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Winter emergency in Tajikistan

Dushanbe, 8 February- This winter, Tajikistan is facing a severe energy deficit. The combination of the severe cold and energy crisis has significant and negative impacts.
The country’s electrical supply comes primarily from the Nurek hydroelectric dam (approx. 60% of national electrical supply), several thermal electric and small hydroelectric plants, and imports.  For a variety of reasons, these sources are inadequate to meet current needs.

The combination of the various shocks related to the severe cold and energy crisis has had significant and negative impacts on vulnerable groups (and the general population) in Tajikistan. While the situation can be described as an “emergency,” the worry is that things may progressively deteriorate.  Food security is under stress, and increased morbidity and mortality have been reported.  According to the latest data, since late 2007, significant portions of the population have been relying on different coping mechanisms to address their food needs, some of which are negative and quite troublesome.

The Ministry of Health of the Republic of Tajikistan has established an emergency unit called “Severe Winter 2008” composed of key officials from the agency to collect and analyze information from districts and regions. Based on the daily briefings, the key points so far:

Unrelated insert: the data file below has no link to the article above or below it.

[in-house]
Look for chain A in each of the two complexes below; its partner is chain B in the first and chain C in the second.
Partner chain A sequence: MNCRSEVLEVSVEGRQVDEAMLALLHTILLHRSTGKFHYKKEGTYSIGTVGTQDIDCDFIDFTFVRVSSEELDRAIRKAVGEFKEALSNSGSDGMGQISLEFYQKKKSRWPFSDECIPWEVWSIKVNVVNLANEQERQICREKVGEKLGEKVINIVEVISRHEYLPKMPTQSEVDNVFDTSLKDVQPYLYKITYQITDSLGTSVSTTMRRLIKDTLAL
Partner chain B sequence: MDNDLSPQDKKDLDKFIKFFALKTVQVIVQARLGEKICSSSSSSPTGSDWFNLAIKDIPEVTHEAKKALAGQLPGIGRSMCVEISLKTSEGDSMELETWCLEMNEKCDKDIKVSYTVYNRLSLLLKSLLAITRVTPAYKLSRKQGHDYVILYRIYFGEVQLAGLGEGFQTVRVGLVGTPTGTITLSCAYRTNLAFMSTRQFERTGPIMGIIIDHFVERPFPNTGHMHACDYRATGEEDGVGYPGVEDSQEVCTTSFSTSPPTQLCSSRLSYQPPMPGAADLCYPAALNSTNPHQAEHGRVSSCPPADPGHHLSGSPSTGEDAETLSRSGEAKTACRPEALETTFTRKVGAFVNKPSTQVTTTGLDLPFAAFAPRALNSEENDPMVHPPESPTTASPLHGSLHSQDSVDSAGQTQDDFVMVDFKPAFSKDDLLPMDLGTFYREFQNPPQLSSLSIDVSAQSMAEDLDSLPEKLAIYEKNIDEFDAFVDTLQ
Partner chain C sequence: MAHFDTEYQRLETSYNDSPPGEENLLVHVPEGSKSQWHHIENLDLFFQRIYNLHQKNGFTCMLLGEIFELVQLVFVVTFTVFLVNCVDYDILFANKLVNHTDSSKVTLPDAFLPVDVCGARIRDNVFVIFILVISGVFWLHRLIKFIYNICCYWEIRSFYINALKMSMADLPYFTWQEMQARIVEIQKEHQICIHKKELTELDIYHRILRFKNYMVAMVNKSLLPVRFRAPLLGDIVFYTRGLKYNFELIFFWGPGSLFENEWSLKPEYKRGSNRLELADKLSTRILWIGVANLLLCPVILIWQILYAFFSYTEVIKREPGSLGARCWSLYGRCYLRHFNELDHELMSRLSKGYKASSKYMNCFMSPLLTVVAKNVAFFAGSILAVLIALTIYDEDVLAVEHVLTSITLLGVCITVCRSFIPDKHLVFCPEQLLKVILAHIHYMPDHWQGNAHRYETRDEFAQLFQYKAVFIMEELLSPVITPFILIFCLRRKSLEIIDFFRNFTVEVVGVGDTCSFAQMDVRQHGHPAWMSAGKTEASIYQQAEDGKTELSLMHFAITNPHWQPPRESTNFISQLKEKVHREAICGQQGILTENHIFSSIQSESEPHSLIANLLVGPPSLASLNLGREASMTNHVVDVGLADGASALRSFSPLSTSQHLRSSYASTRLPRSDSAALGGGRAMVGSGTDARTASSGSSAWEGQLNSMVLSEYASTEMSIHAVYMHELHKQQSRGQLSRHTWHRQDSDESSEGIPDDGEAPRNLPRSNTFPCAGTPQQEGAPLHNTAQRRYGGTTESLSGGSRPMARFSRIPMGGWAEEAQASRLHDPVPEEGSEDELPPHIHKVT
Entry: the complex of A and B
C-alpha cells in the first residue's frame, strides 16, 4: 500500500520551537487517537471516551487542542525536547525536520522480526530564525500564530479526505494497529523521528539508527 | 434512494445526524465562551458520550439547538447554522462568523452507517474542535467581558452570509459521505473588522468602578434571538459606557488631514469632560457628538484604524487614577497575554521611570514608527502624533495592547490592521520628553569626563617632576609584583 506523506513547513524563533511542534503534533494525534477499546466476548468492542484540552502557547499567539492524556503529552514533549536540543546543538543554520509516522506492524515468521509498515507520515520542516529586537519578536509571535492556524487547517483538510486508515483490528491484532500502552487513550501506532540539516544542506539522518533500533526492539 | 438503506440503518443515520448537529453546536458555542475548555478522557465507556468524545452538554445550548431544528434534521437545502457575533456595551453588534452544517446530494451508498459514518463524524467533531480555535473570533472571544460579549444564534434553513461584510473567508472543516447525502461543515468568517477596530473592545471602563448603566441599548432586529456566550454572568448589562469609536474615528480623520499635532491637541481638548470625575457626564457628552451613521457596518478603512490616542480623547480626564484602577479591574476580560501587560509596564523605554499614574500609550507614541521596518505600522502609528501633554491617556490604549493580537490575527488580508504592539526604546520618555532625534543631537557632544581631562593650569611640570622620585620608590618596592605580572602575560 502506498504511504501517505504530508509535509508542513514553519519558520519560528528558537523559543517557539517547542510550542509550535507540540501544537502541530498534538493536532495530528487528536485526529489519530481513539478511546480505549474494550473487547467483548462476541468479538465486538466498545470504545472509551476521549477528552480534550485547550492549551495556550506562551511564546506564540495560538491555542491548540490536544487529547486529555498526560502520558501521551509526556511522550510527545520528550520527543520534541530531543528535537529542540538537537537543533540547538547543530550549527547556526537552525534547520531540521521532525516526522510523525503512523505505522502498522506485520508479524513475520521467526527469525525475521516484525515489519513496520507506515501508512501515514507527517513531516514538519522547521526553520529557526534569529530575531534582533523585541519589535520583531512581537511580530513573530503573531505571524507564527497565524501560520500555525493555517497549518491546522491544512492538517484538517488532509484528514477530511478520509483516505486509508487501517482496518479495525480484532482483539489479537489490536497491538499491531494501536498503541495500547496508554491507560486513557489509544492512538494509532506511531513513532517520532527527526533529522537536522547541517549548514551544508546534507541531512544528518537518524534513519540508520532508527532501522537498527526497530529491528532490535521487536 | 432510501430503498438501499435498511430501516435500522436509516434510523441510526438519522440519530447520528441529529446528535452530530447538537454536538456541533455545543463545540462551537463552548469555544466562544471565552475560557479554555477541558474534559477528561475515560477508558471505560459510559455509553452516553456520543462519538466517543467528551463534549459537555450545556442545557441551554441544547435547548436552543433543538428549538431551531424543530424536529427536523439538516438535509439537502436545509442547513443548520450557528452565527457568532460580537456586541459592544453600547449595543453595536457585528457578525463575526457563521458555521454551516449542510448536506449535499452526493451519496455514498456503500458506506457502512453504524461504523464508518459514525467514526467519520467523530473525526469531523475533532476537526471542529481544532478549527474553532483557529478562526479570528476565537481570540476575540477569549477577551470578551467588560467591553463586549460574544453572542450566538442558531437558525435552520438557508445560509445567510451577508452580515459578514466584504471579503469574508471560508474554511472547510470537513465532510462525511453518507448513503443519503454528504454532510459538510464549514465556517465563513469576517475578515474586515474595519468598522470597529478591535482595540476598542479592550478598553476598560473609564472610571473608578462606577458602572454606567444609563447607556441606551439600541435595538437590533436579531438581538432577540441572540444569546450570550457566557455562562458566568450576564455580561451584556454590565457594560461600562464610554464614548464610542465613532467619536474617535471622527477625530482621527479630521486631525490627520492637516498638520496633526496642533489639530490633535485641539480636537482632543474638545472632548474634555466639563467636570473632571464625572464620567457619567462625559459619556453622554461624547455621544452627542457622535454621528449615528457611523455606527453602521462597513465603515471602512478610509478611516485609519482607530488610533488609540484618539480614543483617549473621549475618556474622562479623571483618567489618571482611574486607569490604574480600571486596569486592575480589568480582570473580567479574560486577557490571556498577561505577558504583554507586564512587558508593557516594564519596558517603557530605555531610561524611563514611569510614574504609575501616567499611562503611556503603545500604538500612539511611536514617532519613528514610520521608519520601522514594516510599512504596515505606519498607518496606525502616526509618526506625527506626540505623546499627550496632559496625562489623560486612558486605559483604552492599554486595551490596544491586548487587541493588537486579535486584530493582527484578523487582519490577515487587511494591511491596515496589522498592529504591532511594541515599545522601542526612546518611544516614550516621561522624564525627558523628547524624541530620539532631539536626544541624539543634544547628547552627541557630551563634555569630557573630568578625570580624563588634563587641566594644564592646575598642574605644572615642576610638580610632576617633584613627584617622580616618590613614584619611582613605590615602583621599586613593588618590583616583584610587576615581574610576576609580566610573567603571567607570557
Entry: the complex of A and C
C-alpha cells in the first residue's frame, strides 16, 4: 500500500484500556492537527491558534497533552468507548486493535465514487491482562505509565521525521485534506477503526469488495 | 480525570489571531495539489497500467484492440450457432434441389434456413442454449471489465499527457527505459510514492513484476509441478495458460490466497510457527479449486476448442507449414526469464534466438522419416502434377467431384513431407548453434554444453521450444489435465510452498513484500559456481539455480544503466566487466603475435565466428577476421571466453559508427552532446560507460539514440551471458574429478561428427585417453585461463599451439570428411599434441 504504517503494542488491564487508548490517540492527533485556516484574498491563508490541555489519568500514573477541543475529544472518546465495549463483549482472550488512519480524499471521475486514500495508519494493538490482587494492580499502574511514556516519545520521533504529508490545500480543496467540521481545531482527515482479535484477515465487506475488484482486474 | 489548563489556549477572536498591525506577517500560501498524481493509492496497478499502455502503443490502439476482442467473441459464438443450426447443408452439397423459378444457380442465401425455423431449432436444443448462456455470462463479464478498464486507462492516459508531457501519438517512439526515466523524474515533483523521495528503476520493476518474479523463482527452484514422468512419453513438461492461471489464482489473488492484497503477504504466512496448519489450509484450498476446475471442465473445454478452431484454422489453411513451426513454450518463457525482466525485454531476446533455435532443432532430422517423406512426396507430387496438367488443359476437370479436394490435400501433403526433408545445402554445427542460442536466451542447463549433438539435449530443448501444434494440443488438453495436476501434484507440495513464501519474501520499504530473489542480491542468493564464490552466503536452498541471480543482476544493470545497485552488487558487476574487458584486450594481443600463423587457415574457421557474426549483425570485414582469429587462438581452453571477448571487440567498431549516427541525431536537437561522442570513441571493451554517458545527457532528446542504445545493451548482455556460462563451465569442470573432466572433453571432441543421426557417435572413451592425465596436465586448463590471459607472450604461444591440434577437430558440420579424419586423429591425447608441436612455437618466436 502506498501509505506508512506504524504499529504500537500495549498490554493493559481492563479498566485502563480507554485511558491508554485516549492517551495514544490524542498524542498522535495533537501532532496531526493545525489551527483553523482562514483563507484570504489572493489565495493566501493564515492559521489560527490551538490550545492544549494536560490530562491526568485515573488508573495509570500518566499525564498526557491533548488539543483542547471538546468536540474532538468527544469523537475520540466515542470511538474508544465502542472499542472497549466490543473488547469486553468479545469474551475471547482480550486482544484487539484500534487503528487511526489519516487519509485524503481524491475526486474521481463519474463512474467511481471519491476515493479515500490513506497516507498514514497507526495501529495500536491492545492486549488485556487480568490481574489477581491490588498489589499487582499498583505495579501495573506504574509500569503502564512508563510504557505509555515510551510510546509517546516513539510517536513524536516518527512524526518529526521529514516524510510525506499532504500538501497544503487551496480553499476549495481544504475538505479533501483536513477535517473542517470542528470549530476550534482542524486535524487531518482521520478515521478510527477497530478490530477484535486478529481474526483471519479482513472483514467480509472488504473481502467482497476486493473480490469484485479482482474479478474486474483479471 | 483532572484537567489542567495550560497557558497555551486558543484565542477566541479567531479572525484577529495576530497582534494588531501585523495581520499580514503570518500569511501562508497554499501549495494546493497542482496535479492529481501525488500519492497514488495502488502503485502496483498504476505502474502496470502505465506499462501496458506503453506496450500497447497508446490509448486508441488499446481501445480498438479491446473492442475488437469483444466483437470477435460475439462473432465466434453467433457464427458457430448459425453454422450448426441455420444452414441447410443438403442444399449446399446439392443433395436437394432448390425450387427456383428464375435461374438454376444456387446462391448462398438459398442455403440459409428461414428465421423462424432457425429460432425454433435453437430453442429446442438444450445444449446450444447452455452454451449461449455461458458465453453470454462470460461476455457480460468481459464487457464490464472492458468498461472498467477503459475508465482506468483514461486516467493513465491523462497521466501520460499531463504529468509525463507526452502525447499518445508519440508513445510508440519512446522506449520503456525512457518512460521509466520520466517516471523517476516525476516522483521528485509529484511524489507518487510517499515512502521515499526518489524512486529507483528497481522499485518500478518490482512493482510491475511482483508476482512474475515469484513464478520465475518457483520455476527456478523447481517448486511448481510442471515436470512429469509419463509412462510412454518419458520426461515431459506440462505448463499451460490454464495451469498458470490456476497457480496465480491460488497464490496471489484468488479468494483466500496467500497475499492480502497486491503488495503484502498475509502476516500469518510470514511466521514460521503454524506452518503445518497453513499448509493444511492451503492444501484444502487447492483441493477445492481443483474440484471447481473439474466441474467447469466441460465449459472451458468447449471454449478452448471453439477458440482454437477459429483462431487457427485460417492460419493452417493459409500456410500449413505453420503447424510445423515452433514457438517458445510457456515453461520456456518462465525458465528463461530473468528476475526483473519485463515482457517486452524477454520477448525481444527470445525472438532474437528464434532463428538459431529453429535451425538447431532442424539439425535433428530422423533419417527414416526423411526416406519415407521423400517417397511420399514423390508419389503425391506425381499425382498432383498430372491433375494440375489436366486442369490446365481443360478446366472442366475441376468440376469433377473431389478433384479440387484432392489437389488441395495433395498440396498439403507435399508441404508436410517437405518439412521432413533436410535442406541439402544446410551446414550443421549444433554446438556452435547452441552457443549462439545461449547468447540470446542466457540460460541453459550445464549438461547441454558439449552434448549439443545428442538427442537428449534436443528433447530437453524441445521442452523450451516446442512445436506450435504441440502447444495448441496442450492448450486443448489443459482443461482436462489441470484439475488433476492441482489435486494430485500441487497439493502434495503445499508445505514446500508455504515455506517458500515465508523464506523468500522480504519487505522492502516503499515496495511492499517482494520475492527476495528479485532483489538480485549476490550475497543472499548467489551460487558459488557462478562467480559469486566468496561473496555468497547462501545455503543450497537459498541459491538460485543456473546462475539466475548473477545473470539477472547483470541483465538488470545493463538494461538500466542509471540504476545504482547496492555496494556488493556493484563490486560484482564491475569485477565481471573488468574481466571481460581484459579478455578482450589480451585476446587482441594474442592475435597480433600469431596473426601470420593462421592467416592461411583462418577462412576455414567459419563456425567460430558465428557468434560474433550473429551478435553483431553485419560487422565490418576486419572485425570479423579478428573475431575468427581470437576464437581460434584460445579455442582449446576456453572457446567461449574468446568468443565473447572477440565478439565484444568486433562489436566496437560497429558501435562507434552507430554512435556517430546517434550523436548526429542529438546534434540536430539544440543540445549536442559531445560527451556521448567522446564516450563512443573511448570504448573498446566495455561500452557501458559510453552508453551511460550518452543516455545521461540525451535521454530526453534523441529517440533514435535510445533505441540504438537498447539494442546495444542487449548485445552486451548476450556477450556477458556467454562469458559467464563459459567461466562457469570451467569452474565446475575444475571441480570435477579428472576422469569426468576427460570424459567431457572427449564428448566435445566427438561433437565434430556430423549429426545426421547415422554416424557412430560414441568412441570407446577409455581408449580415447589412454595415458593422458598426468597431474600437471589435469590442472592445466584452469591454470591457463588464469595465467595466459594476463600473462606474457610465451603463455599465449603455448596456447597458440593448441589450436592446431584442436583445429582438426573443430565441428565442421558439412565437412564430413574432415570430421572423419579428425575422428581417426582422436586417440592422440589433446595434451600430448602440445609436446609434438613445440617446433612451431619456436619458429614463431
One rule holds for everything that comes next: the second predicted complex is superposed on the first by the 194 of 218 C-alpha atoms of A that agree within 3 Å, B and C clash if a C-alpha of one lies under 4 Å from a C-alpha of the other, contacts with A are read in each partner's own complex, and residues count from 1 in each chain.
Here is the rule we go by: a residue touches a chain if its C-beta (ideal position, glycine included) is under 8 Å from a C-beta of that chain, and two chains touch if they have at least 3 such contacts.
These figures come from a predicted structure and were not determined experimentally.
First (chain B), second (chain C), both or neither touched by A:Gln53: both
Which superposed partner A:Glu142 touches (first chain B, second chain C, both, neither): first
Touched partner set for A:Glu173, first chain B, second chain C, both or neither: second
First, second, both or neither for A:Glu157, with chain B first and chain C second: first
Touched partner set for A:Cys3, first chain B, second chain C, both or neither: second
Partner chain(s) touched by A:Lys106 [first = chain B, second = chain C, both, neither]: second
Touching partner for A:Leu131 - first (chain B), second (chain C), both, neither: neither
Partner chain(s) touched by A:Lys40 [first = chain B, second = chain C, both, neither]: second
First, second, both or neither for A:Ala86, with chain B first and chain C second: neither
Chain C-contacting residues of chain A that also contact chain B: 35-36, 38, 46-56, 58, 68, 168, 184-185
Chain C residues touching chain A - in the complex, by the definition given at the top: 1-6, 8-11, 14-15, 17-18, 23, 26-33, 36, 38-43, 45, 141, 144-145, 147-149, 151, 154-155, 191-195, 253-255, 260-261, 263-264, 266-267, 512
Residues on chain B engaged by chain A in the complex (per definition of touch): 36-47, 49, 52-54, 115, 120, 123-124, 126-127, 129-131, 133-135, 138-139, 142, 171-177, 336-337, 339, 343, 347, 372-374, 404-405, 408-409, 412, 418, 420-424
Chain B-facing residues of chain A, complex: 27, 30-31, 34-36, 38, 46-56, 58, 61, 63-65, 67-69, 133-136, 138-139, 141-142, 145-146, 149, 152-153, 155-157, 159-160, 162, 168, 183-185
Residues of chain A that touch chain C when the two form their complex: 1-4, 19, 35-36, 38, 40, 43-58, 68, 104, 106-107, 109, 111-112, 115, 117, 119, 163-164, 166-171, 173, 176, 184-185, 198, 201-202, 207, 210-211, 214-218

Access to electricity:  Only about 19% of health institutions across the country have electricity, 18% of facilities have cut-off less than two hours a day and 63% of health institutions are without electricity for long periods at a time. Around 54% of health institutions have access to supplies of water. The current combination of energy shortage and severe cold weather within last few months has negatively impacted the wellbeing of children under five, particularly in newborns.  Lack of energy and water supply in a majority of maternity hospitals has resulted in poor perinatal and neonatal care services.  There are reports indicating newborn deaths due to electricity cut offs.



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